Fast doesn't begin to describe it.
Adata is fast approaching its 20th birthday, and in that time its risen to the number 2 worldwide for DRAM sales, behind only the behemoth of Kingston. We’ll be looking at some of their RAM soon, but today it’s the turn of its latest NVMe drive, the XPG SX8200 Pro. Is this the Samsung killer that we’ve been waiting for?
The model we’re testing is the 512GB capacity, but you can also get the same drive in 256GB, 1TB, or even 2TB. It’s the usual 80 mm long form factor for m.2 NVMe drives that we’ve seen in everything from high-end gaming desktops to laptops. Adata’s spec sheet rates the drive at 3.5 GB/s (reads) and 3 GB/s (writes) with up to 390K random 4K IOPS, which on paper at least, puts it right up there with the best of Samsung’s offerings, the EVO 970
The SX8200 Pro is a rework of the SX8200 from last year. The controller is updated to an 8-channel Silicon Motion SM2262EN chip, paired with Micron’s latest 64-Layer 3D TLC NAND flash memory and some NANYA DRAM for cache. It’s got a PCIe Gen x4 interface, with support for the NVMe 1.3 specification. It also has SLC caching to speed up burst writes, end-to-end data protection and Low-Density Parity Checking for minimal errors while copying data.
The mean-time-before-failure is rated at 2 million hours, and with a 5-year warranty, Adata is putting their own money where their mouth is.
The packaging includes the drive and an aluminum heatsink, which fixes to the SSD with thermal tape. I like that Adata left this off, in case the enthusiasts that are buying it want to put a third-party heatsink on, or even go crazy with watercooling.
Adata also has its own software for managing the drive, SSD Toolbox. The UI could do with a revamp as it’s very early ’00s, with skeuomorphic buttons and lots of colors, but functionally it works well.
Just a quick note: All testing was done on an AMD platform, with a Ryzen 1800X, and one of the best X370 motherboards – the Gigabyte GA-AX370 Gaming K7. Windows 10 Pro is installed on a different SSD, with the Adata drive installed as a secondary drive. Unfortunately, my usual Intel testbench is out for repairs currently.
The ever-dependable CrystalDiskMark is usually the first point of call for any drive benchmarks. It’s free, accurate and measures both sequential and random data transfers. The XPG SX8200 Pro almost lived up to its full specifications while measuring 1GiB data transfers, with especially impressive figures for the 4KiB Random tests.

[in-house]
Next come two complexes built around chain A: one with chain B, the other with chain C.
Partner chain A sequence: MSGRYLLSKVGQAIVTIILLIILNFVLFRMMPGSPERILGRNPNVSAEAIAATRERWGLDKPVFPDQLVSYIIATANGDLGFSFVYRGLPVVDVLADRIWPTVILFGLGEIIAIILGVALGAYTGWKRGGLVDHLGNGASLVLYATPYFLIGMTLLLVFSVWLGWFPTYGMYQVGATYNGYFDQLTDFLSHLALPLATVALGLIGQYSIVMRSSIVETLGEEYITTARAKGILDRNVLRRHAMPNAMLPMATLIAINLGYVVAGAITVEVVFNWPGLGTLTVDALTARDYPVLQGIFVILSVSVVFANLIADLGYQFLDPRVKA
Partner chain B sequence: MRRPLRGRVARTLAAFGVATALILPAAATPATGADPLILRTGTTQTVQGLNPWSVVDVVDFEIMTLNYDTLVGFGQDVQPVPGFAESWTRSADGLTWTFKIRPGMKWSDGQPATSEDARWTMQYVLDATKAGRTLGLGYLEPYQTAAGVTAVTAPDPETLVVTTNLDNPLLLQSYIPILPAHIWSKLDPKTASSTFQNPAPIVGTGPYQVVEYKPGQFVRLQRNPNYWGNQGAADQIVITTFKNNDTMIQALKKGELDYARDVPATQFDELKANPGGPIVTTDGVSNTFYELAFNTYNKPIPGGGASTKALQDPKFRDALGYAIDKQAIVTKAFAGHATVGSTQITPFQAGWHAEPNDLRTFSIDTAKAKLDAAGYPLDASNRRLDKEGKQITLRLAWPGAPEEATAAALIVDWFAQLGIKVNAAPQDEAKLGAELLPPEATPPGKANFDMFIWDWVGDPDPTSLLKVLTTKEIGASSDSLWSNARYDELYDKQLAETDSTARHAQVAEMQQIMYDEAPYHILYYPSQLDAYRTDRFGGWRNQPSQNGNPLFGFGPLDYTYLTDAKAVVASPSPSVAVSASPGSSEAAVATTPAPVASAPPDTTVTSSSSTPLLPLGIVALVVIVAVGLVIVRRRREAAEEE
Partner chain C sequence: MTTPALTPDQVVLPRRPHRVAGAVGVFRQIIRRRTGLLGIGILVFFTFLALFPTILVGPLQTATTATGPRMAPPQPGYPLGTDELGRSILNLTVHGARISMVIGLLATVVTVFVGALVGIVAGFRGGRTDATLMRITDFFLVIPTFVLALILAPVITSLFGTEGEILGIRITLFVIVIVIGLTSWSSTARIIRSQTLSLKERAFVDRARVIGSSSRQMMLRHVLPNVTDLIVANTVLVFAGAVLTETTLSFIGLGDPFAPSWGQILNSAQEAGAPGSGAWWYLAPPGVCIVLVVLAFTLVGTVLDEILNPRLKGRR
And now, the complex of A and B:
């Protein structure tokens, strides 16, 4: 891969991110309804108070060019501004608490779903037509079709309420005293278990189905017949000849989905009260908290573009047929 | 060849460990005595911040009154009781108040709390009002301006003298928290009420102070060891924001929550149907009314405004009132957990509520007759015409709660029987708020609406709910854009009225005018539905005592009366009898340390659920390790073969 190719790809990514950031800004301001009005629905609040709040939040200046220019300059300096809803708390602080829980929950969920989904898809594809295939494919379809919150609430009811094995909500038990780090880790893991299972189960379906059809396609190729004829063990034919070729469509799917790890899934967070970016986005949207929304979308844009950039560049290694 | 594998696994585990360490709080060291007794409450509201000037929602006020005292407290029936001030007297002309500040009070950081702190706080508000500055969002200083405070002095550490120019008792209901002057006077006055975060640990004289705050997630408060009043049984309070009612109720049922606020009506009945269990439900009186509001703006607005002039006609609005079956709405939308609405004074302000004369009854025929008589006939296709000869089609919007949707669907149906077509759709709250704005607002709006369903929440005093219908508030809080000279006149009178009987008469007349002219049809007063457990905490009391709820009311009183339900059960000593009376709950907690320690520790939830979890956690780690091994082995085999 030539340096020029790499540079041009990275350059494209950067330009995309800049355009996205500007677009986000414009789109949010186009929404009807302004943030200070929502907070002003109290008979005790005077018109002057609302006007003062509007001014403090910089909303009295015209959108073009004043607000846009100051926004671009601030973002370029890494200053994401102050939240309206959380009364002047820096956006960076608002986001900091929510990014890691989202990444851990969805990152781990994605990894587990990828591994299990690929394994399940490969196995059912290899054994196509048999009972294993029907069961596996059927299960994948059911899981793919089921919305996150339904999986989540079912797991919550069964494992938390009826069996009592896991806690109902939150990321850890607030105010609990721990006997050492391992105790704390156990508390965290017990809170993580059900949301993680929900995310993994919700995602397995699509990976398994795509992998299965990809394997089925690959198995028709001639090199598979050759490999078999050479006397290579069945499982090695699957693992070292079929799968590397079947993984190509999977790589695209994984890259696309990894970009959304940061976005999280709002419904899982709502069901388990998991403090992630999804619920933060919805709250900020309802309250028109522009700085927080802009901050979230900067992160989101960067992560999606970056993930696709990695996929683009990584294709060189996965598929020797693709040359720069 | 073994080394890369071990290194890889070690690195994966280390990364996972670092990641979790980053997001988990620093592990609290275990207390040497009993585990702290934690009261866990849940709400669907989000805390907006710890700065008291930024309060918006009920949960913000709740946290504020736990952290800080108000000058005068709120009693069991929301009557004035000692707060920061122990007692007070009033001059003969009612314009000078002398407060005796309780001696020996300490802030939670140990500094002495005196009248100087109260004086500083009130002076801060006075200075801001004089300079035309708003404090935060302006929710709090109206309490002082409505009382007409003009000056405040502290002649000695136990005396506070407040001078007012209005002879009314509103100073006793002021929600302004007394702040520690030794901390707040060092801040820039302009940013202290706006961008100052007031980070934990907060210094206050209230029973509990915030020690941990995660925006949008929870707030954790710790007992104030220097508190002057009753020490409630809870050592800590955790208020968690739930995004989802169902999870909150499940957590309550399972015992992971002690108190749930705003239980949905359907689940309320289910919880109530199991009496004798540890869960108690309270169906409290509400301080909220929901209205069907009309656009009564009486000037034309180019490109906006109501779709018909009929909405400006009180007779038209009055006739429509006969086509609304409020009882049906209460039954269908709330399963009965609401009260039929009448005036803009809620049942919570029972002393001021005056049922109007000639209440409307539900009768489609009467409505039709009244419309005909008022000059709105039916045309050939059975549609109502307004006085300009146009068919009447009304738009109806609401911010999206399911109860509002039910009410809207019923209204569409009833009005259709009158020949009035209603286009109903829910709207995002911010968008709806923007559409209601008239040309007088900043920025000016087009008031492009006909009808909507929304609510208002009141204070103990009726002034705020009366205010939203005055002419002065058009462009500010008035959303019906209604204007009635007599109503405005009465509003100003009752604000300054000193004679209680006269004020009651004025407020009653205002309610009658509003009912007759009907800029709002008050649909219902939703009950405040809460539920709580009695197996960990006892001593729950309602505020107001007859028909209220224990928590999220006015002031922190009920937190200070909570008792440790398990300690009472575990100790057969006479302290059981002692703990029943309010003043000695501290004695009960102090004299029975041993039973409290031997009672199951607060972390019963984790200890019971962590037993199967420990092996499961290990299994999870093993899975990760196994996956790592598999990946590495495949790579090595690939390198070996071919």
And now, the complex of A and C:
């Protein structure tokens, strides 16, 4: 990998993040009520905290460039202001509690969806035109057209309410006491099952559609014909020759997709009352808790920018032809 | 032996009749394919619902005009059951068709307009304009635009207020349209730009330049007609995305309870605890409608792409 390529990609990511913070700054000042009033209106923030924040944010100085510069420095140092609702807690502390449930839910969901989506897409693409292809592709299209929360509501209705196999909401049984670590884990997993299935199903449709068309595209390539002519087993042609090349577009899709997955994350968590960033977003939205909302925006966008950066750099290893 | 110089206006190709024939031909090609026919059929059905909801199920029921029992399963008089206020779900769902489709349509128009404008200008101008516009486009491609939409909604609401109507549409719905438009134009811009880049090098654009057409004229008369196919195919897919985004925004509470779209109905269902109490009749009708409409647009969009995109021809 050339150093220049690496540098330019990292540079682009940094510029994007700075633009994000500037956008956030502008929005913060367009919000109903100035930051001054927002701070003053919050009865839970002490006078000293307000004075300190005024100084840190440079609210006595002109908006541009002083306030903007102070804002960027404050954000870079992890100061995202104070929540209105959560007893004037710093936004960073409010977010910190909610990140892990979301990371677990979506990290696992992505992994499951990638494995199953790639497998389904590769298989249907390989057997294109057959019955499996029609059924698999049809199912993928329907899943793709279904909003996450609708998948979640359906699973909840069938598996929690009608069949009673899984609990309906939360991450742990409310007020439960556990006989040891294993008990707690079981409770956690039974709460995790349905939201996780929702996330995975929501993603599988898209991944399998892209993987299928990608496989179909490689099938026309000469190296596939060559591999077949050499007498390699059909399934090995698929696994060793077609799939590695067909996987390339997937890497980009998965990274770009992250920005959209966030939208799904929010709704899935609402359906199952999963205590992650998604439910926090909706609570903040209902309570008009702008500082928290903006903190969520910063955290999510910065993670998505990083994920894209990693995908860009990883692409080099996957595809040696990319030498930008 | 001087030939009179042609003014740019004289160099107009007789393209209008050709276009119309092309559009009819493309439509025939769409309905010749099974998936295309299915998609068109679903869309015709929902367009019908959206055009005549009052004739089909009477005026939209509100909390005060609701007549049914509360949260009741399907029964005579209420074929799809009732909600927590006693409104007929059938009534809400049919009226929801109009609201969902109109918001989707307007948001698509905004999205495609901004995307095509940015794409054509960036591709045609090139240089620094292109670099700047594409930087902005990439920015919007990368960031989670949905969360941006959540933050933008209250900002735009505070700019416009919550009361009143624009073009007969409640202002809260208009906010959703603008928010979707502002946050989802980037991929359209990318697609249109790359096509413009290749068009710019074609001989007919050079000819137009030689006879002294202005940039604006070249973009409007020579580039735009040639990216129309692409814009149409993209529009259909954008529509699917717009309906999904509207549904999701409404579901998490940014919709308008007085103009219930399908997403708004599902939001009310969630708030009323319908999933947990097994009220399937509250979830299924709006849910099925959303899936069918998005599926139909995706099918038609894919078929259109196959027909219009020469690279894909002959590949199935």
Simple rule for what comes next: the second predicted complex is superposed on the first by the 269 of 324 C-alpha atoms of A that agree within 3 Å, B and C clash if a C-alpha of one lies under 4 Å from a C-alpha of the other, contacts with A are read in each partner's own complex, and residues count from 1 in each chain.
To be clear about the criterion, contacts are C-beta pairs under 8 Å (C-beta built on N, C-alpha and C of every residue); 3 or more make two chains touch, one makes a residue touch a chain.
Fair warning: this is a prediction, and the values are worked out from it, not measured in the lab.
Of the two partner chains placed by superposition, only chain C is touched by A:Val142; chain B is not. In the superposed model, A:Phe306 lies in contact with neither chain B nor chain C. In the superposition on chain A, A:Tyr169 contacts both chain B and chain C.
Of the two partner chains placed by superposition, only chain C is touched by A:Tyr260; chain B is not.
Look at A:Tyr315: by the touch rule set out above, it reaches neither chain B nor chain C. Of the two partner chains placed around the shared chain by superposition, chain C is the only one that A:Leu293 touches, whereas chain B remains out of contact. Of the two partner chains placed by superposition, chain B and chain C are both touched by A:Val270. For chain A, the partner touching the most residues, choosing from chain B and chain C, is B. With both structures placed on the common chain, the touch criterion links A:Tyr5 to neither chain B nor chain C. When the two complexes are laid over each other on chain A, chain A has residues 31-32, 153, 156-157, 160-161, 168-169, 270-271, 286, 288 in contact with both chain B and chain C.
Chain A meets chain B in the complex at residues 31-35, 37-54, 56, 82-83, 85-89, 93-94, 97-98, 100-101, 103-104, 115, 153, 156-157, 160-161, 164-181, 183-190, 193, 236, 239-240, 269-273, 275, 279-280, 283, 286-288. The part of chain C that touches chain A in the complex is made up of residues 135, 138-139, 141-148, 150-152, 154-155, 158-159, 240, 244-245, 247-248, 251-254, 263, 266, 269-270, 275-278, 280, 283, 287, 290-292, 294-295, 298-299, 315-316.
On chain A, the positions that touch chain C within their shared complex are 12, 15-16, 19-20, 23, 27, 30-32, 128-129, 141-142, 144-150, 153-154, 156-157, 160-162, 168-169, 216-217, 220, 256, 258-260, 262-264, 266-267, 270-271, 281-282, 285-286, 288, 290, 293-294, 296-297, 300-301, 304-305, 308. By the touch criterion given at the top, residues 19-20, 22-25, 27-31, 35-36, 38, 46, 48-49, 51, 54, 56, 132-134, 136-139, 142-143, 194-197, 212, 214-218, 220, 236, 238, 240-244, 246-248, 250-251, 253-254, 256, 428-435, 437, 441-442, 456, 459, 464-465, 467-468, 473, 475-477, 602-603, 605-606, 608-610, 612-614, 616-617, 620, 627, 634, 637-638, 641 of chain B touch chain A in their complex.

I also reran the testing with the datafile dropped to 50MiB, which got very close to the specs, with 3416 MB/s (reads) and 2100 Mb/s (writes).
ATTO Disk Benchmark
ATTO is another free benchmark that’s used to show performance across a range of file sizes. As you can see, anything under 32KB barely even makes the SX8200 Pro sweat. With all the other file sizes up to 64MB, the SX8200 Pro posts very similar results to the prior testing, with a max of 3.12 GB/s (reads) and 2.22 GB/s (writes). Still speedy, still no sign of slowing down.
PCMark’s storage test is structured to resemble real-world usage in both Adobe and Microsoft’s software suites, plus some gaming with World of Warcraft and Battlefield 3. The XPG SX8200 Pro posted a respectable 5043, with 447.92 MB/s of bandwidth. This is a little low for what I’d expect for a top NVMe-based SSD, and this was the best of multiple runs. I can only guess as to why, perhaps the m.2 slot on my Ryzen motherboard isn’t performing as well as it should be, and once I get my Intel platform back I’ll be re-running the testing to check.
In a word – yes. If you have a modern motherboard with a spare m.2 slot, it’s the best non-Samsung NVMe drive on the market today. It’s actually faster than the latest 970 Pro, at least on paper (I’ll be testing this as soon as I can source the Samsung drive).
Add the fact that it’s half the price of a similarly-sized Samsung NVMe drive
A sample unit was provided for the purpose of this review.
Am I the 'vacuum guy' now, then?
Does this have something to do with Stadia?
Do (some of) your housework...without even being in the house!
Will Tesla be able to push a software update for this?
At least there is a free tier.
Two years of development down the drain.